The drugs given to other animals cause their faeces to kill the soil fauna. However, the tauro is more than capable of living with its internal parasites, maintaining a correct balance on its own without the need for human intervention and medication. In short, it is an animal that, by its way of life and the way it feeds, can restore biodiversity to the place it inhabits. It benefits plants, which obtain more light and nutrients; it restores mosaic landscapes; it gives life to soil fauna; it increases available meadows for the wild herbivores that cohabit in the area; it opens up paths in forests… It is a key species that must once again inhabit our territories.


Ancestral behaviours
In addition to its unique way of feeding, the tauro also exhibits behaviours that have little to do with its domestic relatives. This animal was born to be wild and knows how to be wild.  A bovine that is becoming undomesticated. Thus, the taurus displays ancestral behaviours, which are fundamental for its survival in the wild, without the help of man.

Their herds are perfectly structured and always maintain the unity of the group, as opposed to the trend to dispersion of the domestic relatives;  this provides protection. As well, it is a matriarchal species, as the whole group follows the leadership of one of the adult females. Moreover, it has been found that some matriarchs choose to share this position of hierarchy with one or two other females, so that it is possible to find herds with one, two or even three female leaders. Large males weighing 1,000 or 1,200 kg, small males, females without leadership qualities and adolescents will all abide by this leadership.

The herd has grown since its arrival at the landscape and is currently made up of almost thirty specimens

Surprisingly, tauros also exhibit a behaviour which is more typical of that of some large carnivores. When a male reaches sexual maturity and aspires to be the leader, but knows that he will not be able to occupy that position in his current herd, he will separate from his own and look for a new group in another territory. In a world where man had not wiped out these large herbivores, he would meet other individuals and a new family would be created.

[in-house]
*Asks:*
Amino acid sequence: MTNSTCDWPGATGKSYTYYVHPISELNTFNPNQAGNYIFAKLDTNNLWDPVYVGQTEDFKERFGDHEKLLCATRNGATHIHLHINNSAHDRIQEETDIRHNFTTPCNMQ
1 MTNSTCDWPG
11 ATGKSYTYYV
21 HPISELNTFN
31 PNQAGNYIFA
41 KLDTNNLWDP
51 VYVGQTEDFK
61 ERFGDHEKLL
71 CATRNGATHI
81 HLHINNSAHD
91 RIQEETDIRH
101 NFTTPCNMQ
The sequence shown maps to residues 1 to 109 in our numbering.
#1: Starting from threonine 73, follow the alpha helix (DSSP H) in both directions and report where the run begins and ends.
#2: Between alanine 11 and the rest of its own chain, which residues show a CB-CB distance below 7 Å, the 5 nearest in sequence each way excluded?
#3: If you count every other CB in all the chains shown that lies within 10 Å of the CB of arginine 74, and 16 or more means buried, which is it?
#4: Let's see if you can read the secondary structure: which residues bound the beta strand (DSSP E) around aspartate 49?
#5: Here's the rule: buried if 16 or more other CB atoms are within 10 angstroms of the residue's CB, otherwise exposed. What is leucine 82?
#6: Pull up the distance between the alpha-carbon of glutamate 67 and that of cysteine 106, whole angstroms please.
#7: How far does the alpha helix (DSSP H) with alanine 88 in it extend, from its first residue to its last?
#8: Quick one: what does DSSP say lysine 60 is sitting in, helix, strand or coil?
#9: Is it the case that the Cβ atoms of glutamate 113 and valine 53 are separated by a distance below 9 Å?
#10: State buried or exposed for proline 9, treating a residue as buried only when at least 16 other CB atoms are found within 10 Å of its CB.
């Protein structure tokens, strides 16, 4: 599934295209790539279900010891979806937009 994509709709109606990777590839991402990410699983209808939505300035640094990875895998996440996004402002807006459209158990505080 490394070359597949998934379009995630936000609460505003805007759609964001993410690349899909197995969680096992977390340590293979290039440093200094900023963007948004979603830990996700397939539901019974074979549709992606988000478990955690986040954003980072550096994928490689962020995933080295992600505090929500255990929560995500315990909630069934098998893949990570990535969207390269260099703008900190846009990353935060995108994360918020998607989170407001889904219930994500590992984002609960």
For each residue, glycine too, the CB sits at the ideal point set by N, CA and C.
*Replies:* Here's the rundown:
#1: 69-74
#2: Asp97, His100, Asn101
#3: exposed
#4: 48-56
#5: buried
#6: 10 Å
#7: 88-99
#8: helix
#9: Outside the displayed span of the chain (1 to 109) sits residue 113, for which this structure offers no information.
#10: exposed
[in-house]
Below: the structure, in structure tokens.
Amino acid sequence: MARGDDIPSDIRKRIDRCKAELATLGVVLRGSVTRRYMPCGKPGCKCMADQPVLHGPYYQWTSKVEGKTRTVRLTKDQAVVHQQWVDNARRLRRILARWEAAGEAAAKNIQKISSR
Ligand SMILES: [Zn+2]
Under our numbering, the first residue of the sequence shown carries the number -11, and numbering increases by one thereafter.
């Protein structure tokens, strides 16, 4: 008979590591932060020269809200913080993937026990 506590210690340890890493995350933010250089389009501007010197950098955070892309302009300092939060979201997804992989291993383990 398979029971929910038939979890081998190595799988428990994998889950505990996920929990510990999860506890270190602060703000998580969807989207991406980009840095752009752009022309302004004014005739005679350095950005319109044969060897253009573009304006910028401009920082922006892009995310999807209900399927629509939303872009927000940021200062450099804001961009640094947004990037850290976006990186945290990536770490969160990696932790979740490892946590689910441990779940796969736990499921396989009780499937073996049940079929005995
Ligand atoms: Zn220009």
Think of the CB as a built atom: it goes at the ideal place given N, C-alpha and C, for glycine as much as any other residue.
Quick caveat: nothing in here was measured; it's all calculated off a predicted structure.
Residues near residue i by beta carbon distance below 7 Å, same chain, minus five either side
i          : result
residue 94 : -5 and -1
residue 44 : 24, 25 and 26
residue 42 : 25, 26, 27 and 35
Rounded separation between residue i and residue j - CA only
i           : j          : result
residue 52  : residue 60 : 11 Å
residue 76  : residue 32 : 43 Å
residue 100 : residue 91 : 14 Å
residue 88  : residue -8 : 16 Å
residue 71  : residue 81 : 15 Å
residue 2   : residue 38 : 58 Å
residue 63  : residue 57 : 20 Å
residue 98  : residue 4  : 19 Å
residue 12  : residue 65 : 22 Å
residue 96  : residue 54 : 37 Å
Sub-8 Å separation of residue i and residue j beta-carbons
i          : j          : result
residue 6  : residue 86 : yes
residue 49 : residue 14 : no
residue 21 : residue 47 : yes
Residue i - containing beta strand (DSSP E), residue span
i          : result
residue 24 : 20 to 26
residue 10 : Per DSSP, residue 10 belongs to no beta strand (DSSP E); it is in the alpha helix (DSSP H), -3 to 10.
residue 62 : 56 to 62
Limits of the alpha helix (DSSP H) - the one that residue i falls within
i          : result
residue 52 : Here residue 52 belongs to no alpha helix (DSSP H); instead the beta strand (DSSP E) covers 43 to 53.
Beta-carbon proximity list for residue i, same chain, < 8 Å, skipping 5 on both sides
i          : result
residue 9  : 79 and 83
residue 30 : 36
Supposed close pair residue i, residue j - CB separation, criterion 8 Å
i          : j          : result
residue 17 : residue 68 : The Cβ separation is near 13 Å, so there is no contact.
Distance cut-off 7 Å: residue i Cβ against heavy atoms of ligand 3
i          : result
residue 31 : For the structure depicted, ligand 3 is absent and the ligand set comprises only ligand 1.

As wee, when a large predator like the wolf stalks the pack, the strongest adults form a circle, and the weakest and youngest stay in the centre. The wolves, faced with a group of adults showing their horns to the outside, will have no choice but to look for food elsewhere.

Their behaviour towards their young specimens is also fascinating. The newborns are hidden by their mothers for days among the vegetation to protect them. When spring arrives and the births are concentrated, one of the females will remain guarding the group of hidden calves while the others go with the rest of the herd and feed, look for water or just rest. The vigilant female will not only protect them, but will also act as a wet nurse and feed anyone who needs it. An impressive animal that brings back the behaviours that made its ancestor live on Earth for thousands of years.

The herd of tauros at Sierra de Albarracín arrived at Spain from The Netherlands in 2021 and was the first in our country. It was made up of three adult females, a huge stallion, eight one-year-old heifers and seven steers of the same age. They inhabit a 500 hectare pine forest located in Frías de Albarracín, Calomarde and Albarracín area. Despite the big change of scenery, the adaptation was quick, comfortable and uneventful. Today, the herd it is made up of almost thirty specimens.


Visible changes in the landscape
The transforming effect of this animal on the forests of these mountains is already a visible reality. The coarse grasses of the sunny areas are becoming fresh and appetizing pastures; the strong, dense and tall rockroses are not that high and dense anymore, which favours the meadow; small pines of ridiculous diameters, separated by just a few centimetres, which were trying to grow towards the sun, fall by the dozens due to the action of these huge cattle, letting the sunlight reach the ground and giving opportunities again to oak trees, junipers…